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Question:lightweight air quality sensors for a weather balloon

glenc is asking a question about air-quality: Subscribe to answer questions on this topic

glenc asked on October 12, 2016 20:33
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I would like to put a particulate matter, CO2, humidity, or nitrogen oxides data collection device onto a weather balloon. Do you know where I may find such sensors? It should log the data onto an SD card, which I would retrieve after the balloon pops. There is already GPS, temp and pressure sensing on board, as part of the balloon kit.

I teach one class at Woodbury University this semester: intro environmental science for non-majors. The school gave me $700 to get a weather balloon kit, and I am collaborating with a local high school teacher to launch the balloon. The kit only records temp, pressure, and altitude. I want to gather more data, such as CO2, humidity, NOx, PM2.5, or any PM. But I do not know if it is possible to collect such data on a weather balloon because the weight including battery must be very limited.

Thank you.



remote-sensing air-quality data-logging

question:air-quality question:open-air question:pm question:particulates


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1 Answers

Not to take credit for these answers, but I saw a couple great responses (one from @gretchengehrke, ) from this thread on which you originally asked, and wanted to just be sure they're linked-to from here: https://groups.google.com/forum/#!topic/plots-airquality/0gn3lm9wUFc

Wig:

Just a small point Glen, which you may already know since you have thought to include meteorology on board, but the biggest driver of many regional air pollution levels tends to be the atmospheric boundary layer, with traps also an issue. The boundary layer is generally low in morning and during temperature inversions. With the turbulence created by solar warming, post sunrise, the boundary layer tends to rise rapidly during the day, expending the total area in which pollutants may be dispersed and thereby decreasing effective density. Of course, photochemical action also helps create new secondary PM2.5 as organics get oxidized and denser, increasing partitioning to PM, midday or a little later. Since this takes time it can be considerably downwind of the sources. This plus geographic traps, like mountains, is basically an important reason why San Bernardino Riverside is so polluted to the east of LA. Again, you may already know all of this but perhaps some on the list do not.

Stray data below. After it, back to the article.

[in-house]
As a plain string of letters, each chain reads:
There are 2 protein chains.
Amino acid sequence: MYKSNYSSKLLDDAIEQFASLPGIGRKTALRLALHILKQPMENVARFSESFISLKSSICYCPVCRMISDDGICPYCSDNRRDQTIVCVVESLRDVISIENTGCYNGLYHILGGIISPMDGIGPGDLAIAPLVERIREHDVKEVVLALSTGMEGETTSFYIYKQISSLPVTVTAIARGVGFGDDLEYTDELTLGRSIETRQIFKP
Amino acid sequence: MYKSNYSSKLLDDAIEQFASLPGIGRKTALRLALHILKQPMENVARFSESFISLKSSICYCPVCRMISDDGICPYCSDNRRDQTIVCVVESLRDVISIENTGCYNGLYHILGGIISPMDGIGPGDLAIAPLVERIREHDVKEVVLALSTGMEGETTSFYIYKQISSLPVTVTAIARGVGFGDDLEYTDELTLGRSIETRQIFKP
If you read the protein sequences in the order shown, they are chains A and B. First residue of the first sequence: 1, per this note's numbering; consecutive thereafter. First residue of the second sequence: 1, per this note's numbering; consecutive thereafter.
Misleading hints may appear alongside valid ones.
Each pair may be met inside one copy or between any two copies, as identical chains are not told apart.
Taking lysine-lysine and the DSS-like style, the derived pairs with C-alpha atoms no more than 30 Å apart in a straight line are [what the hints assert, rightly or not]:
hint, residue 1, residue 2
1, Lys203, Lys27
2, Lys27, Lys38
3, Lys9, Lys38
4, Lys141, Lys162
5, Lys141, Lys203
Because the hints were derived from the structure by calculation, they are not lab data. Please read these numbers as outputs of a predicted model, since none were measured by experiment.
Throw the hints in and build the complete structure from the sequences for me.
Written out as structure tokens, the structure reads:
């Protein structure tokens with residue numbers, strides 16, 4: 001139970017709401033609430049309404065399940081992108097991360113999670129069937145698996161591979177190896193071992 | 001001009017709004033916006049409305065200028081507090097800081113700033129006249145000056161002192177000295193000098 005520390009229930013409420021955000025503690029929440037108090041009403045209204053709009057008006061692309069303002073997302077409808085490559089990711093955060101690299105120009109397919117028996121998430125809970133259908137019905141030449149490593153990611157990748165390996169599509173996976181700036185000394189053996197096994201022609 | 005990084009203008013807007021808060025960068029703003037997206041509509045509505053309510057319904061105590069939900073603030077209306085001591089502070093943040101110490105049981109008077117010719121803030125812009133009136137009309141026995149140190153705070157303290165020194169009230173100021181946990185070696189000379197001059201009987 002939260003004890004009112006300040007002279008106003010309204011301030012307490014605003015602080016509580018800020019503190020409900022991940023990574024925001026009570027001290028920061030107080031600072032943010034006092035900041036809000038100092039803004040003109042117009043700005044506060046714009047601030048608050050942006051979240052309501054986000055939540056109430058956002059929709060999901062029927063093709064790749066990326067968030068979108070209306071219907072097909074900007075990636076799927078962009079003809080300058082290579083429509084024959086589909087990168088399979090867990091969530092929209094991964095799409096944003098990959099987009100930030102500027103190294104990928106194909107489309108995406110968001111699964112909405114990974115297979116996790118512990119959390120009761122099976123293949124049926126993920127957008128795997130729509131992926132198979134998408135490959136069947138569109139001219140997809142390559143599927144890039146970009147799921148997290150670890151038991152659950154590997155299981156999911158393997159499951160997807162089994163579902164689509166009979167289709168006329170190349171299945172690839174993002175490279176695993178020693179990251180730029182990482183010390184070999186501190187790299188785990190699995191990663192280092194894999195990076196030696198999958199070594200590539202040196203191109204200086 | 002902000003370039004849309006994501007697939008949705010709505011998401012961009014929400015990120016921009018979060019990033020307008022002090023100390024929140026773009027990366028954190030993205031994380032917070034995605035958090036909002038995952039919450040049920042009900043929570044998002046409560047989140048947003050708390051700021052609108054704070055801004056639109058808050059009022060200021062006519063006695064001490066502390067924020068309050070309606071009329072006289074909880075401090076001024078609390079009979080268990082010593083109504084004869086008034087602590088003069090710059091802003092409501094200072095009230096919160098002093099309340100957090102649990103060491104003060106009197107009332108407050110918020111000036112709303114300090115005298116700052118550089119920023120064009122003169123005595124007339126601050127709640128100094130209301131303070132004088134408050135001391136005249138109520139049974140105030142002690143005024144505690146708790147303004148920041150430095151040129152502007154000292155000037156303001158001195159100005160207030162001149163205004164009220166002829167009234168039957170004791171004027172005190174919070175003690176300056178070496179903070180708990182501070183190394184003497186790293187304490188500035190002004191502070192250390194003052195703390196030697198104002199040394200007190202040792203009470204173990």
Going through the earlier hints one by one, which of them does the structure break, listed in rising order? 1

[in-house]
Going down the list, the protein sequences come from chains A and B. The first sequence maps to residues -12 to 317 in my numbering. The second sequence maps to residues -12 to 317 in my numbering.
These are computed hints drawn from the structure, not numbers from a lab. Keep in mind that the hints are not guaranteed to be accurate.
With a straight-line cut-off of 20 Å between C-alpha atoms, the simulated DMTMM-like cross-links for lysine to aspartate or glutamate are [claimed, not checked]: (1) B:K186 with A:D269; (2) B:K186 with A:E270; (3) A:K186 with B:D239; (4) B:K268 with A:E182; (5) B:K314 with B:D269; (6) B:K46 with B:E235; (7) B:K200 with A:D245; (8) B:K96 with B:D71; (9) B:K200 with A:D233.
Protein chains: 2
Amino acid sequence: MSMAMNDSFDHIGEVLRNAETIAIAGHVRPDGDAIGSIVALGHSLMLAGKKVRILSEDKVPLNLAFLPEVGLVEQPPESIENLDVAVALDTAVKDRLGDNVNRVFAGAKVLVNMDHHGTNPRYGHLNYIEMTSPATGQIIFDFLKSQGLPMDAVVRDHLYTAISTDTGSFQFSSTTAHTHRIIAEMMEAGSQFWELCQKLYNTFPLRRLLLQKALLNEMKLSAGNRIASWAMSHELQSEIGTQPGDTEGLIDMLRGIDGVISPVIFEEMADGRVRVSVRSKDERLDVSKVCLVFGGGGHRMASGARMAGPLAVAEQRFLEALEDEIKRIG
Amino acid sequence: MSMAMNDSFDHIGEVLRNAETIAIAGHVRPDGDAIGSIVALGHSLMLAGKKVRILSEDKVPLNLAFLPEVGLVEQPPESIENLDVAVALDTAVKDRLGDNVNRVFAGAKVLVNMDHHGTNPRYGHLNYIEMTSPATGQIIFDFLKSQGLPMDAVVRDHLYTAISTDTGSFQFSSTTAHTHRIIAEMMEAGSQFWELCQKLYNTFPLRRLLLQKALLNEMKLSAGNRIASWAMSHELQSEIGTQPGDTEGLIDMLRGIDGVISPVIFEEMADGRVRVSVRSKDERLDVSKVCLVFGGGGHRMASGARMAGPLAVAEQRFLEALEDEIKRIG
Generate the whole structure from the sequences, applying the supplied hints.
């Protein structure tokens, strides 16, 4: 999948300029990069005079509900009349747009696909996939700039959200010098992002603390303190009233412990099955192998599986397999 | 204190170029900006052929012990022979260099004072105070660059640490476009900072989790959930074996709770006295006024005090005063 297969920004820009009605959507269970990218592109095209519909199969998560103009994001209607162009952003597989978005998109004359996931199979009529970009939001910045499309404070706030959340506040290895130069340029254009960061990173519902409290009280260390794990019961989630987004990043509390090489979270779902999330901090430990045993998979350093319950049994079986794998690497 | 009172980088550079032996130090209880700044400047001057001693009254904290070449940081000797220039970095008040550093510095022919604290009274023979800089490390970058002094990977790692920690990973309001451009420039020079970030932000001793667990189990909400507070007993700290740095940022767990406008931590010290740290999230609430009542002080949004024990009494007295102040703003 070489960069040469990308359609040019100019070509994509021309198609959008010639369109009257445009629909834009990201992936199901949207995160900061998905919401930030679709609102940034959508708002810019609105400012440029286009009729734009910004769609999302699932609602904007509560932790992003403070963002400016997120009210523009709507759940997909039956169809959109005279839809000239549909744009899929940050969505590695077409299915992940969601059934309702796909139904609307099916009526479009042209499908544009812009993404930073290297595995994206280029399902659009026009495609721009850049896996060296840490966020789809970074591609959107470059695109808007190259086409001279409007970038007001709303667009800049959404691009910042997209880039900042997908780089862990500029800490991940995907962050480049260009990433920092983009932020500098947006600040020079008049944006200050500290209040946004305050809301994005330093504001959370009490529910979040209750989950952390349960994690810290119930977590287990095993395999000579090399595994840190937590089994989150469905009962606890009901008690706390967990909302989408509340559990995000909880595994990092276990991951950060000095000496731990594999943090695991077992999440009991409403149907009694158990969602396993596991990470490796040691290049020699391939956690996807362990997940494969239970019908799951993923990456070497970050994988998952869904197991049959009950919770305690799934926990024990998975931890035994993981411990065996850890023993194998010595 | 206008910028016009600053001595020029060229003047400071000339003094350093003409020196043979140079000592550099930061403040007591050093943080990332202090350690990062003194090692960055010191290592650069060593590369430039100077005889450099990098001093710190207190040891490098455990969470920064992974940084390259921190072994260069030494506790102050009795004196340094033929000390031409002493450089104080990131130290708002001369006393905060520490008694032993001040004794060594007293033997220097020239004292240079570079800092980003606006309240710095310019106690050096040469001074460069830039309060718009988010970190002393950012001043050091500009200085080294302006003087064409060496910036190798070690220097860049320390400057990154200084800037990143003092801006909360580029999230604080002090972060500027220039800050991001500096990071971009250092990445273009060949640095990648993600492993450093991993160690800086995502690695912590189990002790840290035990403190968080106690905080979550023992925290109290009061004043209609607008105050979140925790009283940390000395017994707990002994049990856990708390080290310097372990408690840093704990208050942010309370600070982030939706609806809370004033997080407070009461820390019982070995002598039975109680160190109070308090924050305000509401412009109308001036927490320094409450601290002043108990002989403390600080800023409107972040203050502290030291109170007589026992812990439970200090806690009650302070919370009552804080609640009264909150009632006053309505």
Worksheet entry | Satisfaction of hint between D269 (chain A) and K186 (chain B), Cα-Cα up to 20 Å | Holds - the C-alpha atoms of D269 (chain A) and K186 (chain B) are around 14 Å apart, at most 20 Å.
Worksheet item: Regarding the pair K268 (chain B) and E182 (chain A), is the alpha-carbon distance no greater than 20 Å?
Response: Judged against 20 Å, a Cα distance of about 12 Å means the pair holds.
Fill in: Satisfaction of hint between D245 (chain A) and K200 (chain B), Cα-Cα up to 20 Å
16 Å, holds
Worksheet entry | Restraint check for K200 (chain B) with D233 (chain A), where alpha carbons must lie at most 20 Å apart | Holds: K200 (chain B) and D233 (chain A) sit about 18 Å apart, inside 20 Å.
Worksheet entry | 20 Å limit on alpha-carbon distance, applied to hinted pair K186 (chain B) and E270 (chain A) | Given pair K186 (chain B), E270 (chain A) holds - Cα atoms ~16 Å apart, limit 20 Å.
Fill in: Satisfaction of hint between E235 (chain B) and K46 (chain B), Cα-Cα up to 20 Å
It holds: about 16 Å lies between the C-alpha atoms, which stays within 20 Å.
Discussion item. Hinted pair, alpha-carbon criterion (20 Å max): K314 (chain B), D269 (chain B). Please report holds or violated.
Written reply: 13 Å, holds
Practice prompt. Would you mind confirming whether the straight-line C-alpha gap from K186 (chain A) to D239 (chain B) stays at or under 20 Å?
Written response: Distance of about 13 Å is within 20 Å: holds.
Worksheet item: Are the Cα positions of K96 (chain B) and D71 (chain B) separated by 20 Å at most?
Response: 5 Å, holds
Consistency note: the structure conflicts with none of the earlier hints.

@gretchen:

What Wig says is absolutely right, and some of the most tragic and deadly air quality events have been during temperature inversions when pollution has been socked in cities (like the London fog episode in the early 1950s). It might actually be a very meaningful and memorable experience for your students to observe how particulate matter decreases above the boundary layer (which, depending on where are, is often ~ 1000 m during the day, so might be doable with a balloon kit).

Another factor to consider is how humidity changes with altitude. Most (all?) real-time or near-real-time particulate matter monitors use an optical system to count particles. Basically, they shine a light into a chamber and measure the light refracted, assuming it is due to particles. This makes these systems very sensitive to humidity though, as water drops will also refract the light. I'm really not sure how much this would impact measurements, but since absolute humidity decreases with altitude, you might get a more accurate particle count at higher altitudes. Anyway, it's just something to think about.


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